If the statistics are to be believed, the pilot population is both ageing and shrinking. Unfortunately, only one of these may be said about me.
Student Pilot retention is also considered to be a significant concern. A large number of people are plucking up courage to walk into what can initially seem to be an unwelcoming and overwhelming environment and are signing up to flight training. They are enjoying those great initial successes, mastering maneuvers, soloing and learning navigation, They are buying into the majesty and freedom of flight and are spending a significant amount of money. Then, they drop out without achieving their ticket.
Many heads are being scratched on how to stop this happening. For example, Aviation Week's Benet Wilson wrote an interesting article in October 2010 about the AOPA's attempts to study student pilot retention.
As it is a subject that I currently feel very close to, so here are my thoughts.
I am a Student Pilot. I started learning as soon as my family and I were settled in the US and as soon as the TSA were happy that I was emotionally, idialogically and imigrationally stable. I have a regular source of income (so far) and a supportive family. I have always worked in the Aerospace Industry and that is far from accidental. I get aeroplanes. I enjoy and understand their systems. I like their history and get a massive kick about being able to fly. So why do I find myself wondering if I ought to drop out of training? And why haven't I seen my instructor in months?
My hiatus from flying began, innocently enough, with a mechanical failure. The day before my first solo cross country flight, the Piper Archer I was learning in failed its 100hr inspection. The flight school only had one Archer, so I couldn't just jump into another to continue. It would take a couple of extra flights to convert to a Cessna 172, so it made more sense to sit it out and wait. And wait. And wait. Three months on, the good news was that the Archer was fixed. The bad news was that the owner withdrew it from the lease-back arrangement he had with the flight school.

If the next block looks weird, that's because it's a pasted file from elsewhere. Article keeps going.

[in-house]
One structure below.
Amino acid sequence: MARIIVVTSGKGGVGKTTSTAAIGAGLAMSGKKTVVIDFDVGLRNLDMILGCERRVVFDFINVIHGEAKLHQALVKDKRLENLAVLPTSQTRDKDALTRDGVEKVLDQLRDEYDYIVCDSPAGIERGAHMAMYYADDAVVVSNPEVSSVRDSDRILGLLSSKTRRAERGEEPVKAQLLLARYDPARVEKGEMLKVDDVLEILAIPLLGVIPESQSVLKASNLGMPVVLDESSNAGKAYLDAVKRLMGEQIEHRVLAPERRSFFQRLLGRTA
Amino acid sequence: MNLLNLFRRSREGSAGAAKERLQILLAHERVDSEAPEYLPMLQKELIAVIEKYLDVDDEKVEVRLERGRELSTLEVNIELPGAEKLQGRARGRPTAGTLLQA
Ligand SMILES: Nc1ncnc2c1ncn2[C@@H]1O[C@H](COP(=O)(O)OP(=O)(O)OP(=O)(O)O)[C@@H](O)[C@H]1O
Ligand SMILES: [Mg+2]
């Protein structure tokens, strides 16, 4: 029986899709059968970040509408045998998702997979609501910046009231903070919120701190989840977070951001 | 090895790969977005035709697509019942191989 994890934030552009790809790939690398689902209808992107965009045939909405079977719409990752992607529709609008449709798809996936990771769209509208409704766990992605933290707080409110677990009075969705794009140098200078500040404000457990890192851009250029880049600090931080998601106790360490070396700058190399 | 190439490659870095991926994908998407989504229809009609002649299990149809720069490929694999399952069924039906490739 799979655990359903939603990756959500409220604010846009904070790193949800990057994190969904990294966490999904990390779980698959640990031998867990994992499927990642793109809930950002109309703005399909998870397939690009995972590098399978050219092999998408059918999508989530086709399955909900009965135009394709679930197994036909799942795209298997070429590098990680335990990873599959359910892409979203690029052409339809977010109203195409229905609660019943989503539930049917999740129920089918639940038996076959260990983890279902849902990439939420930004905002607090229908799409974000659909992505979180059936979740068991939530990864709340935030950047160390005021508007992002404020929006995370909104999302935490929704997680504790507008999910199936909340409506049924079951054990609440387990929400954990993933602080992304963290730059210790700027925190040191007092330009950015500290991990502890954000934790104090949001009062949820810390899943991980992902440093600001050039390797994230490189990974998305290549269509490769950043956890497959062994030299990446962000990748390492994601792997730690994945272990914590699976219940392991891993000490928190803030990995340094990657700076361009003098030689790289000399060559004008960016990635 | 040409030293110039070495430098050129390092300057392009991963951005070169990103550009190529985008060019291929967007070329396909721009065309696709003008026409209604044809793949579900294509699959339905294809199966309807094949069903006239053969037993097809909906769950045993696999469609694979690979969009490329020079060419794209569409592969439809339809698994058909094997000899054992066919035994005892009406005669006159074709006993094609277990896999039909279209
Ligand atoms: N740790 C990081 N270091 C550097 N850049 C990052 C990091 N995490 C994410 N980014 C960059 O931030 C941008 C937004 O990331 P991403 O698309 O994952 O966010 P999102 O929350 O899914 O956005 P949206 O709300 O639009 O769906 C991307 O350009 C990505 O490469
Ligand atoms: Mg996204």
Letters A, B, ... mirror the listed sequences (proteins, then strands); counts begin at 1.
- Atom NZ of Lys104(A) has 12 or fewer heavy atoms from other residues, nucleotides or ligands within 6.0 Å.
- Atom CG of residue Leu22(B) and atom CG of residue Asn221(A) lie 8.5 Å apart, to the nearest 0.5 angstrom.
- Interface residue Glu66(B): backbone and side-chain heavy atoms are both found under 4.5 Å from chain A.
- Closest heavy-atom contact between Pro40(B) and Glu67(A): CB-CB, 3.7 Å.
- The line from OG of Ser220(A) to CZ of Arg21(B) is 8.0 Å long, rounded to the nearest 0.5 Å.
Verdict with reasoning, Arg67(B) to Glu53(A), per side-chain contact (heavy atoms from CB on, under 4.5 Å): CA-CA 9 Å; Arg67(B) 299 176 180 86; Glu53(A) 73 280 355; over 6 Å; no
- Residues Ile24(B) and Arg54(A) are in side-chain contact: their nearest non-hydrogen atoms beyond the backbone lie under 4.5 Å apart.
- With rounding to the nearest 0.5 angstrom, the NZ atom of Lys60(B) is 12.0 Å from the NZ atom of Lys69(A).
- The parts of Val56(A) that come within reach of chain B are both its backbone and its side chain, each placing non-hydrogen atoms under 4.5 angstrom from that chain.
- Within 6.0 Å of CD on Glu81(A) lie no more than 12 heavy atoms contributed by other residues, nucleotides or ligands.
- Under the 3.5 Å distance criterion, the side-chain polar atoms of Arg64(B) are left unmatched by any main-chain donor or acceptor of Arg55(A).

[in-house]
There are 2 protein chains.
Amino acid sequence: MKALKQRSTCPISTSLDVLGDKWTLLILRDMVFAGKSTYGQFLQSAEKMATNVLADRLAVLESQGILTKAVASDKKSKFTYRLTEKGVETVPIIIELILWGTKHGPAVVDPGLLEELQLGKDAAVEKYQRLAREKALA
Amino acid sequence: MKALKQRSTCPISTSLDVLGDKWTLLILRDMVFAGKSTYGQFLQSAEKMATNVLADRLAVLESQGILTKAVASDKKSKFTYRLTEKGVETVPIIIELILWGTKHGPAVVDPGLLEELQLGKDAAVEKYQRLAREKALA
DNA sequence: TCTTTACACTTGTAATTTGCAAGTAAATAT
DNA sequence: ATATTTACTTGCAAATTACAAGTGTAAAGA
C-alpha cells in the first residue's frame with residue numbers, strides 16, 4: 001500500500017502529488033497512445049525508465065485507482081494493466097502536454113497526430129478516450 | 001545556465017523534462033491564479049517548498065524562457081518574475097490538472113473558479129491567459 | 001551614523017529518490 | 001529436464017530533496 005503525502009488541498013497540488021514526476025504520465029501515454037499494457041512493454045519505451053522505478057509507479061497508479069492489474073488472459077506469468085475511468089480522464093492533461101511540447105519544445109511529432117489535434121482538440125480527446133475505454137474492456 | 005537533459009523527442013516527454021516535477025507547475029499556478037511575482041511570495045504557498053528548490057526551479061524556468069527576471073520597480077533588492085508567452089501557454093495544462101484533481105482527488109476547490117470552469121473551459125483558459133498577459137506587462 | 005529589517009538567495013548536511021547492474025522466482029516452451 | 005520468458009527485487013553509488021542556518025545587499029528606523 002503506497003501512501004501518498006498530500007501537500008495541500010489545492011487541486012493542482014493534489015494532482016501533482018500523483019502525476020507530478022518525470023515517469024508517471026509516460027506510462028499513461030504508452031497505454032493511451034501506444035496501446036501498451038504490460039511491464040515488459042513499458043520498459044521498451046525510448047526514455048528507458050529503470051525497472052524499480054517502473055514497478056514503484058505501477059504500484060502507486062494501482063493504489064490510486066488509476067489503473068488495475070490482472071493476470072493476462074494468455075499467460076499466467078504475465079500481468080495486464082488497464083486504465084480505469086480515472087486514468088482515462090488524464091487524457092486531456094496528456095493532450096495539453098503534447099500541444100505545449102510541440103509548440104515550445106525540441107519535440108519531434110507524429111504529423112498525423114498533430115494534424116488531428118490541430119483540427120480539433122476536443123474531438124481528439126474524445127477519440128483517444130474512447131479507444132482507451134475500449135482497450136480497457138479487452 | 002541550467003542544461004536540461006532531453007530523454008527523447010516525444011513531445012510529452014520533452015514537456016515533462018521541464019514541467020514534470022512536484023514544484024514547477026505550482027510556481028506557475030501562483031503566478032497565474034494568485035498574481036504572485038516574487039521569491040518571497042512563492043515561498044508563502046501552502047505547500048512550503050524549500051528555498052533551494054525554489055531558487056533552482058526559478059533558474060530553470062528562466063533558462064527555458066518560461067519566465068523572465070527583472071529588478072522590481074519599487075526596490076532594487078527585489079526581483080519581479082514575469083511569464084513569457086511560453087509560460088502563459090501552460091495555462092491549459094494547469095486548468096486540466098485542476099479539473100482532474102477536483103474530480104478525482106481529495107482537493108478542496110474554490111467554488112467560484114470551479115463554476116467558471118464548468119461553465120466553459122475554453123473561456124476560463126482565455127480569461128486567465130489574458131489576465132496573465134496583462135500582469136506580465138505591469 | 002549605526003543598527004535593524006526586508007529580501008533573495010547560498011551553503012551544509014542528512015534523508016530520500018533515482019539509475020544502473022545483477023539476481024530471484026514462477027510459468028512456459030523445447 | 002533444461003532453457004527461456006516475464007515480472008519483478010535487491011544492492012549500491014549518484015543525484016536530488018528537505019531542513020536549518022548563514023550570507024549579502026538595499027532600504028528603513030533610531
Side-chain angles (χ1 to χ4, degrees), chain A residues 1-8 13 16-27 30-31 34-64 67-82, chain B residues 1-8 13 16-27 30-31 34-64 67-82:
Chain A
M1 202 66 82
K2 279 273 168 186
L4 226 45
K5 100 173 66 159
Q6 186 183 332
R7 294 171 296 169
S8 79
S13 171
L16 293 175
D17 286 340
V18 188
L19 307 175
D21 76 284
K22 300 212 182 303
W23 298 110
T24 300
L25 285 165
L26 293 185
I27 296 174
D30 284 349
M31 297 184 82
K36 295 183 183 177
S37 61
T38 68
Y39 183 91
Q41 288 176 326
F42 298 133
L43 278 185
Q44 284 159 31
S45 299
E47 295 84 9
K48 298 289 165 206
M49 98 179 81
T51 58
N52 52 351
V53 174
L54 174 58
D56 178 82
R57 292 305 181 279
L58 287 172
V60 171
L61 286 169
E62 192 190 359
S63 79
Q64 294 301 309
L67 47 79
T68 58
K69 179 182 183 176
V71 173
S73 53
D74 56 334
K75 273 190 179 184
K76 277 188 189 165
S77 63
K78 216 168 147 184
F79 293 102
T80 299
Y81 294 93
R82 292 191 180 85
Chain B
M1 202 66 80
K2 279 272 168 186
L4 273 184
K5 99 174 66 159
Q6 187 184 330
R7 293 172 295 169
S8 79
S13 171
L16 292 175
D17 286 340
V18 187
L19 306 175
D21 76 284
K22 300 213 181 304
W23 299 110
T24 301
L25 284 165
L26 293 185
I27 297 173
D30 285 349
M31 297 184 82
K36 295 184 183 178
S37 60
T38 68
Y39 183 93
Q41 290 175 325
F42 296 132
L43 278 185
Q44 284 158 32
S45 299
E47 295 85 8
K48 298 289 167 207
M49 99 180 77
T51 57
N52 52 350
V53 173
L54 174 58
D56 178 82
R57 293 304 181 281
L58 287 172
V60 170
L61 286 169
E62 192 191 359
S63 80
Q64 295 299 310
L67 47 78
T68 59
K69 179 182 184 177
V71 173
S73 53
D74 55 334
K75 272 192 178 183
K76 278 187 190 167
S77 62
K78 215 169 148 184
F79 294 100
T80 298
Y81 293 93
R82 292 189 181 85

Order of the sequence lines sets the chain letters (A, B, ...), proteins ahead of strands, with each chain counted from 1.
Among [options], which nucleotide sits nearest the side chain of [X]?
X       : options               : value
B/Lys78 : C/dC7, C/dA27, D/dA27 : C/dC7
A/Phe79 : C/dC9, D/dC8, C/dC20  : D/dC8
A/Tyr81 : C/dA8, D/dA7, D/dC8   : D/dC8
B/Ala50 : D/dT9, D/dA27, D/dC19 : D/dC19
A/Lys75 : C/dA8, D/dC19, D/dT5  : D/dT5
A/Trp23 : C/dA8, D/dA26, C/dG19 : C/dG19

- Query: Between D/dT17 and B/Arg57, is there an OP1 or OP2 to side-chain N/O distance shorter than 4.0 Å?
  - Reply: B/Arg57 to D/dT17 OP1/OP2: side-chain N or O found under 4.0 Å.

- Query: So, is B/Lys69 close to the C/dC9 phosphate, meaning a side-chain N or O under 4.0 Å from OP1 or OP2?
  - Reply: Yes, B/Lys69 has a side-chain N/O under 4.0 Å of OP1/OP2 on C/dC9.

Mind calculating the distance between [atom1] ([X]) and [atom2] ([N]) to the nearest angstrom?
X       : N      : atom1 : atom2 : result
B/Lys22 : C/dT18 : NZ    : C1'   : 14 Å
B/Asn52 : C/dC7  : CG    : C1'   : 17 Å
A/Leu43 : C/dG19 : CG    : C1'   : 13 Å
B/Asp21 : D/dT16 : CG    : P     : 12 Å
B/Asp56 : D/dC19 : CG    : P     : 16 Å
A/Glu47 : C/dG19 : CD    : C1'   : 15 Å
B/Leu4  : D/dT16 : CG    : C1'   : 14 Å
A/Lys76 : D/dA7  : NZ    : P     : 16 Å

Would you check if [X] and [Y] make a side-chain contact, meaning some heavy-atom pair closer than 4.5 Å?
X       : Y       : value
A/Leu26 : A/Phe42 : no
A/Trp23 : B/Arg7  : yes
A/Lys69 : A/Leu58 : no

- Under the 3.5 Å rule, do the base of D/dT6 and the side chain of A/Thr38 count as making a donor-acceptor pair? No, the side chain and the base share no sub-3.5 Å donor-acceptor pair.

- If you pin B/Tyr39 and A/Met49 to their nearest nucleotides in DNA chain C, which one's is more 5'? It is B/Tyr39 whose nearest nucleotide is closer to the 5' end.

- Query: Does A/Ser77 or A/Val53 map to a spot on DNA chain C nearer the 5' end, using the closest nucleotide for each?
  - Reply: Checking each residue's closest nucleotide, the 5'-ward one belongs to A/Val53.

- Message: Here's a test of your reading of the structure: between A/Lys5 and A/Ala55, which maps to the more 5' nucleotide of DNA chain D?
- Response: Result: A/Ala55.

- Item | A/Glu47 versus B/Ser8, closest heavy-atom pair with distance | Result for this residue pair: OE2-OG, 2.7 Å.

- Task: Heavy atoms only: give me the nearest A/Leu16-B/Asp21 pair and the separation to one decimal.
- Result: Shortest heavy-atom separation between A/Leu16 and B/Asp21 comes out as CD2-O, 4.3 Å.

OK, so I'm going to convert to a 172. No problem. My instructor suggested that as we were now into the winter months I might as well get my head into the books and study for the Ground School.., and that I did. I determined that with a loving, playful three year old son in the house I'd be better studying after work, at work. As I am once again one of those managerial types, I am lucky enough to have my own office. Every evening for many, many weeks I would wait until the mayhem settled down for the evening and then close my office door and study. At the point I felt comfortable - strangely coincident with the point at which I'd got to the end of my study book - I talked to my instructor about once again getting together.
In the US system, you can't just walk into the flight school and ask to sit the test. You need an instructor's endorsement to save you money and everybody time if you are not ready. I need to demonstrate my new knowledge to my instructor. I am a big fan of my instructor. Under his tutelage I progressed quickly. I like his training style and we have socialized away from training. Unfortunately, instructing is a secondary occupation for him. His main occupation is Corporate Pilot and, as I previously wrote here, I have benefitted handsomely from his other life.